Follow this link to a 12 minute video, described below:
“In The First Christmas Marcus J. Borg and John Dominic Crossan—top Jesus scholars and authors of The Last Week—help us see the real Christmas story buried in the familiar Bible accounts.
Basing their interpretations on the two nativity narratives in the Gospels of Matthew and Luke, Borg and Crossan focus on the literal story—the inner truth rather than the historical facts—to offer a clear and uplifting message of hope and peace. With The First Christmas readers get a fresh, deep, and new understanding of the nativity story, enabling us to better appreciate the powerful message of the Gospels.”
A relative recently called me with great concern for my salvation. Always nice to hear, isn’t it? Now, this relative means well and I’m confident they love me very much. The question came from a deep place of fear for my soul. As we spoke quietly and calmly I realized that I would need to […]
via Questions About My Eternal Soul and Salvation — Secular Chaplain
The fifth Common Dreams 2019 conference, Sydney will be held in Sydney on either 4 – 7 July or 11 – 14 July (the exact dates will be determined when the availability of the venue is negotiated). Matthew Fox has been booked as the distinguished international keynote speaker. Make a note in your diary & plan to attend what will prove to be another exciting & stimulating gathering of progressives featuring leading international, Australian, & New Zealand speakers & workshop leaders.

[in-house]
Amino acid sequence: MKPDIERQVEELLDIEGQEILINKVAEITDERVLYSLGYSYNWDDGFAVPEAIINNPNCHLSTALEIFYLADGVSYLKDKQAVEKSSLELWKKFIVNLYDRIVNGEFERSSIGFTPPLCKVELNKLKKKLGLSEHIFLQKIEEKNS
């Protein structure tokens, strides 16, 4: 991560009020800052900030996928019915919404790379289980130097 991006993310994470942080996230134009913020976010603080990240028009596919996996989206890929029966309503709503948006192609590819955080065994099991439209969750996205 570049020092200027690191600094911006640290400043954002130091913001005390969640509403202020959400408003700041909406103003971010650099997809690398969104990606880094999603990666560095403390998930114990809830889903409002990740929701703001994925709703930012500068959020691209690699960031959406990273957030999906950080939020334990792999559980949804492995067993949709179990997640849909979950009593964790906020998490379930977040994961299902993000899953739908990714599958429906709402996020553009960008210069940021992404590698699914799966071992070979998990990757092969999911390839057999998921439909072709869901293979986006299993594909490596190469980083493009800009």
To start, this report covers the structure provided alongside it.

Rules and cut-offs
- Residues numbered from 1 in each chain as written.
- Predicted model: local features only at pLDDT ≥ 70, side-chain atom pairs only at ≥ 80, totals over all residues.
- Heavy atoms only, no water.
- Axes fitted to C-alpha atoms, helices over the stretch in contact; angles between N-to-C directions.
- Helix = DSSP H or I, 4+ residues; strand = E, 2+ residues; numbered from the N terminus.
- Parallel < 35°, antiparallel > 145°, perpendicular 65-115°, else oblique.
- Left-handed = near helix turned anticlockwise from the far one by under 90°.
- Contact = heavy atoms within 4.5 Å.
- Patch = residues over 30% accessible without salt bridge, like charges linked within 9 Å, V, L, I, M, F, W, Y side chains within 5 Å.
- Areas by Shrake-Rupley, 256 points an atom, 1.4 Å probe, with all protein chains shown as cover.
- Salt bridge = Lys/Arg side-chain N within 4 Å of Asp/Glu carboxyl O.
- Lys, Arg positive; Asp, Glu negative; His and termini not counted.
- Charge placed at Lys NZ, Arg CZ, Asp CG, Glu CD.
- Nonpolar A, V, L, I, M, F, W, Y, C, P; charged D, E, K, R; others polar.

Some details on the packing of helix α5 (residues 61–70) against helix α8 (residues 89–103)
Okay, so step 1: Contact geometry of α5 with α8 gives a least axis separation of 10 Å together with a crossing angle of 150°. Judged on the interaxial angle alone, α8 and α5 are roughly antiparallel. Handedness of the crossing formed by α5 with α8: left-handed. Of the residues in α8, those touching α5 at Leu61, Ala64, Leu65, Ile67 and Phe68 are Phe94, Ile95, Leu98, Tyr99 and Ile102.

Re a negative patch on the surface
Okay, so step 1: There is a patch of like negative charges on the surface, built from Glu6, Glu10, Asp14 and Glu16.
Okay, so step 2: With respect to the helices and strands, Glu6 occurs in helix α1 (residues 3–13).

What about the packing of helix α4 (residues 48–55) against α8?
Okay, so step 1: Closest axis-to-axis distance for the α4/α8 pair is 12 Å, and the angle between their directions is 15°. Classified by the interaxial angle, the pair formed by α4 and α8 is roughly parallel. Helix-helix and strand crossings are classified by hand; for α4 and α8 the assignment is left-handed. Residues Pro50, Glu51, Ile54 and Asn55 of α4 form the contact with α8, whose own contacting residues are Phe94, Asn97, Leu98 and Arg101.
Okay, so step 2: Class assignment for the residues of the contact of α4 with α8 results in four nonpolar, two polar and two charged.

Progressive Christianity and more videos
Links to several Youtube channels featuring Progressive Christian speakers. Check out our Resources: Videos section.
At this link, you can find a selection of hymns by Andrew Pratt.
This extract is from a communion hymn:
Crowded table, urgent faces,
people longing for the bread,
bread of life and bread for living,
bread for rising from the dead…
All are welcome, wise or foolish,
at this table all are fed,
sharing wine in celebration,
eating Christ’s communion bread.
© Andrew Pratt
The self-described “progressives” among America’s Protestant clergy at the turn of the twentieth century were well known in church circles and beyond for their advanced thinking on theology, politics, and foreign affairs.
As they faced the prospect of a new century, these ministers and academics thought of themselves as broad-minded, humane, and cosmopolitan, in harmony with the very best scientific, political, and theological wisdom of the age.
– Richard M. Gamble quoted by Fred Plumer